Russia has identified the village from which a swarm of drones attacked its main military base in Syria.
The revelation only somewhat cleared up the mystery surrounding what amounts to the biggest concerted attack on Hmeimim since the Russian intervention in Syria began in 2015.
The Russian Defence Ministry named the opposition-controlled village of Muwazarra in Idlib province as the origin of at least a dozen drones armed with crude explosives which attacked Hmeimim and the nearby naval base of Tartous. It released photographs of one of the aircraft.
The fixed-wing drone resembled an oversize toy aircraft assembled from plywood, said Aaron Stein of the Atlantic Council. The craft was attached to the kind of engines used to power lawn mowers and strapped with at least nine small rockets that could have been dropped or used to turn the drone into a bomb.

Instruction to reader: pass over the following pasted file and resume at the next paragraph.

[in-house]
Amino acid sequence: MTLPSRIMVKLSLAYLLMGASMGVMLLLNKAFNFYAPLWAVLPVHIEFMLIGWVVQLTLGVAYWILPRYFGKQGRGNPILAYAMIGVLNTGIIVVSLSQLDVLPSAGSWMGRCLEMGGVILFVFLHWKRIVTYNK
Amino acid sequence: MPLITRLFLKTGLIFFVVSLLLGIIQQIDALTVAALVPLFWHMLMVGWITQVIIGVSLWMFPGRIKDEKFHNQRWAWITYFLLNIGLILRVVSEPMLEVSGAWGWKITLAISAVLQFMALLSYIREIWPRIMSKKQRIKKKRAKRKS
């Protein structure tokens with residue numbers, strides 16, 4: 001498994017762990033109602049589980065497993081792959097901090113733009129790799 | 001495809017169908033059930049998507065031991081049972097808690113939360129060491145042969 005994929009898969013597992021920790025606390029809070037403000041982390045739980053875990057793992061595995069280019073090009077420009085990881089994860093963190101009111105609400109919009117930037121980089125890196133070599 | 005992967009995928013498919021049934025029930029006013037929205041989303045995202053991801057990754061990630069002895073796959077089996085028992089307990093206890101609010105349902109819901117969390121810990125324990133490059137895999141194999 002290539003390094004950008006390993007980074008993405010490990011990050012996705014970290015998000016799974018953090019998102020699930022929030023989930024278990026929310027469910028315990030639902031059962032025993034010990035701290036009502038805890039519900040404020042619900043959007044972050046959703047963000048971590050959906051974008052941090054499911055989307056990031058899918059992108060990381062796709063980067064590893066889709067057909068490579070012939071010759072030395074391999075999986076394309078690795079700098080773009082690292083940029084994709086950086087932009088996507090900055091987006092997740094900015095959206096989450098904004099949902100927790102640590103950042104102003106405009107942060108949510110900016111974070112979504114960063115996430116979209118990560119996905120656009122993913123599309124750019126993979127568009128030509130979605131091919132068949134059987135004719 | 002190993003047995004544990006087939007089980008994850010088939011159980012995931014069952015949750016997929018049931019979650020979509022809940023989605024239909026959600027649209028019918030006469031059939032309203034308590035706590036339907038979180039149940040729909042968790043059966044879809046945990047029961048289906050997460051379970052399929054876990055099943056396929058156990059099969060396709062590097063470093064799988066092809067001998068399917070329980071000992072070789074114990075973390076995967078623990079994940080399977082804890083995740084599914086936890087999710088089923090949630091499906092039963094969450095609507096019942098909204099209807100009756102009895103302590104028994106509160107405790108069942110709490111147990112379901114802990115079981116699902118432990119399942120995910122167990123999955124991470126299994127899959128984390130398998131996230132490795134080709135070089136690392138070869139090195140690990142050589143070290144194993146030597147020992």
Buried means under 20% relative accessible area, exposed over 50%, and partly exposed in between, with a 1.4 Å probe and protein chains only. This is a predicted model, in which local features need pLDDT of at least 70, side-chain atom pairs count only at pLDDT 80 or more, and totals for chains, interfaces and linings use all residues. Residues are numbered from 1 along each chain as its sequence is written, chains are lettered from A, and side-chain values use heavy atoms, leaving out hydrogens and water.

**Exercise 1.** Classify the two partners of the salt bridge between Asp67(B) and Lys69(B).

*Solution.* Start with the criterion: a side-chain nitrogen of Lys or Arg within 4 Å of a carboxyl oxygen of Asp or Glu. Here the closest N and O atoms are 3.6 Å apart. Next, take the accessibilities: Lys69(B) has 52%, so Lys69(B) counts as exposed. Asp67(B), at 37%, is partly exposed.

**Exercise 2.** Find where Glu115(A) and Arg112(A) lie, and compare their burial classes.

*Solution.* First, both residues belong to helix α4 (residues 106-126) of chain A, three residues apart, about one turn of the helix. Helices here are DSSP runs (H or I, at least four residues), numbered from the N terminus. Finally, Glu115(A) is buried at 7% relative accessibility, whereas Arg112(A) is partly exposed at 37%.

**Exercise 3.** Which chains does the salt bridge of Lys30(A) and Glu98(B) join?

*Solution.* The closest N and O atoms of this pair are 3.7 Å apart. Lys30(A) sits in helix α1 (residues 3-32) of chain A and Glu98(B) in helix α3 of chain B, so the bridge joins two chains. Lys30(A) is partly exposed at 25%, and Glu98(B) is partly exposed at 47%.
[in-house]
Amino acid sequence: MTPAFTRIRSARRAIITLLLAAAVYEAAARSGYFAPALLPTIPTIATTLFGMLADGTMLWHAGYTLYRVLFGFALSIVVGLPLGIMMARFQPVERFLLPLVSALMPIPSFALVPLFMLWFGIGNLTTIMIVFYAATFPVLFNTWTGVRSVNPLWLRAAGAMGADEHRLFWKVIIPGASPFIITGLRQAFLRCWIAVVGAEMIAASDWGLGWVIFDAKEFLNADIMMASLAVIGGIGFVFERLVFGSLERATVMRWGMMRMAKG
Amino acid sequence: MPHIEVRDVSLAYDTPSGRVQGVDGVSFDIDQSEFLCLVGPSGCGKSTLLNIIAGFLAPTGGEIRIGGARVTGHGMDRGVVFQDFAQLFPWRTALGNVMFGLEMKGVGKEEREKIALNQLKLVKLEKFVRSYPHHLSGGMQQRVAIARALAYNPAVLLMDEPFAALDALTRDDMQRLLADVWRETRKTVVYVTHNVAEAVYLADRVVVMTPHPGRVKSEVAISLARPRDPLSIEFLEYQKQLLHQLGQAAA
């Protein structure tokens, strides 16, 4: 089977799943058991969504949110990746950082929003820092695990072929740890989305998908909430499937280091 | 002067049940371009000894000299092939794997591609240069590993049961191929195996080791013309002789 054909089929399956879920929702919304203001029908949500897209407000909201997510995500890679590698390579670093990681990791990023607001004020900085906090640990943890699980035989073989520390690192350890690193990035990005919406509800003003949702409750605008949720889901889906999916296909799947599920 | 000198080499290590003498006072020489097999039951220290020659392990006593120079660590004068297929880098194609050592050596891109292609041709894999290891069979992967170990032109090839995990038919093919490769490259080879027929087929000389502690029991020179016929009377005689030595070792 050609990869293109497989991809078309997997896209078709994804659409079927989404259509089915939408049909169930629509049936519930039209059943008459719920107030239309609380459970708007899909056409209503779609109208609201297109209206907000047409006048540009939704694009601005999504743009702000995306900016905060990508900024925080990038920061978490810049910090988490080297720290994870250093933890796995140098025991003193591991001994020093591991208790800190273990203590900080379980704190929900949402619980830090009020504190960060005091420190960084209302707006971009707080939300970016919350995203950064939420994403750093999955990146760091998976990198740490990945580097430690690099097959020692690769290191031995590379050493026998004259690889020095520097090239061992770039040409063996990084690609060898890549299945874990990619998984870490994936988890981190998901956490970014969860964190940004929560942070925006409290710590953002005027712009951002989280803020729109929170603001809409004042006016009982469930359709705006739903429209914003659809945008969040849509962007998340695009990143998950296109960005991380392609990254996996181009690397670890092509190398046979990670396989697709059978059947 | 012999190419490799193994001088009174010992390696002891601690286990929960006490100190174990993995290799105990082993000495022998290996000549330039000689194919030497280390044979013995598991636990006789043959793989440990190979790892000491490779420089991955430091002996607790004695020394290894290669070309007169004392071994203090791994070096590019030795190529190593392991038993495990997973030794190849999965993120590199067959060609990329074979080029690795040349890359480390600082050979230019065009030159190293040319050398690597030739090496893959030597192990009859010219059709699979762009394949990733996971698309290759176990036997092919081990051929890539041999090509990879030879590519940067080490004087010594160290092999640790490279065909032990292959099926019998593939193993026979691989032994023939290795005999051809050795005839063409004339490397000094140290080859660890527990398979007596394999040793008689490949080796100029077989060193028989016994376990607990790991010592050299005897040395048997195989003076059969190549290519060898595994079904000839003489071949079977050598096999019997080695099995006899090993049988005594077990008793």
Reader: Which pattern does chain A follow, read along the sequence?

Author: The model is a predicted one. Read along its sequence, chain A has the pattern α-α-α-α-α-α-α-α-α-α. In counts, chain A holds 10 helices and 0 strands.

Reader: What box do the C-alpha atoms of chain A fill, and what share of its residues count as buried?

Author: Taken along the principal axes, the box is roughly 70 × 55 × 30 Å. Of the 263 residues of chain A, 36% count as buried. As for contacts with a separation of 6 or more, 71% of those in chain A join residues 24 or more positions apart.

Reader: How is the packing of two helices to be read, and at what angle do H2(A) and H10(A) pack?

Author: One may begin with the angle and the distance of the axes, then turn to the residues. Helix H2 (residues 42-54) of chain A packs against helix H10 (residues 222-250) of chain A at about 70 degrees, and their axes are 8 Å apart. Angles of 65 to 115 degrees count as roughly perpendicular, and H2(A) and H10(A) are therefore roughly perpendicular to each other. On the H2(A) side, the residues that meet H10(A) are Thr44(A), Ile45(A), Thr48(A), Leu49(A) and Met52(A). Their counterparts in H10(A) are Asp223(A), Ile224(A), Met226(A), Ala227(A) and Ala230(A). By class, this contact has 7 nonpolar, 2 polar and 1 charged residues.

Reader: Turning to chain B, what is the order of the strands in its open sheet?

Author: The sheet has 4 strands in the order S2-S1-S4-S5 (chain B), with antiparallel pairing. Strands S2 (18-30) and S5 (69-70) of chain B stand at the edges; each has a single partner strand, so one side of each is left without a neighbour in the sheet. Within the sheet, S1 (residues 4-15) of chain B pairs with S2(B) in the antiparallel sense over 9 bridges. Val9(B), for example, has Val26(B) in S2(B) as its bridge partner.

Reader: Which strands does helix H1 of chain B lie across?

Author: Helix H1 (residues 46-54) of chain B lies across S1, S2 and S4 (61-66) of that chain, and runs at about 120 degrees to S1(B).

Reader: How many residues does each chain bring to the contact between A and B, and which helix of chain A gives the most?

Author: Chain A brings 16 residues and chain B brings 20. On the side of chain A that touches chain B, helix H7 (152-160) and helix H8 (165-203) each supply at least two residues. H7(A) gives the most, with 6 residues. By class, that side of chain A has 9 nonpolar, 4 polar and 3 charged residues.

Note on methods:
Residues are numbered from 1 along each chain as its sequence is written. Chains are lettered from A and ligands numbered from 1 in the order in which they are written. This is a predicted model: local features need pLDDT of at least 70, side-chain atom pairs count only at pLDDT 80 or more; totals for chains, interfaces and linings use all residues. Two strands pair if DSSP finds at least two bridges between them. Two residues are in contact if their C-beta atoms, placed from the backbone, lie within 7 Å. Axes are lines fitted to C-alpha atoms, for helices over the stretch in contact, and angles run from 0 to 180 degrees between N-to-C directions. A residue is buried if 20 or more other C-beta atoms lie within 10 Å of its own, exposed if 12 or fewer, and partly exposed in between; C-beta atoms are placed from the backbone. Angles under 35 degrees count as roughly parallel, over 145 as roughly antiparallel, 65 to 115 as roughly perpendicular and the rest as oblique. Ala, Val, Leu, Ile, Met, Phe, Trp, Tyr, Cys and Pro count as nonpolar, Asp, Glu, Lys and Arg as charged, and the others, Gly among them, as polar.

It represents the first time such a weapon has been used in Syria in this way. Six days earlier, two Russian servicemen were killed in what was reported as a mortar attack on Hmeimim. There are suspicions that attack also may have been carried out with drones.
Isis has used quad-type drones to drop small quantities of explosives on enemy troops in Syria and Iraq, but those devices have a range of no more than 1 to 2km. Russia claims the drones used in the new attack had a range of at least 50km.
Alexander Clarkson, a lecturer at King's College, London, tweeted: "Drone capabilities including the use of drone swarms have come too late to help divided Syrian rebel groups. But future insurgencies under more centralised leadership will use drones from the start".Washington Post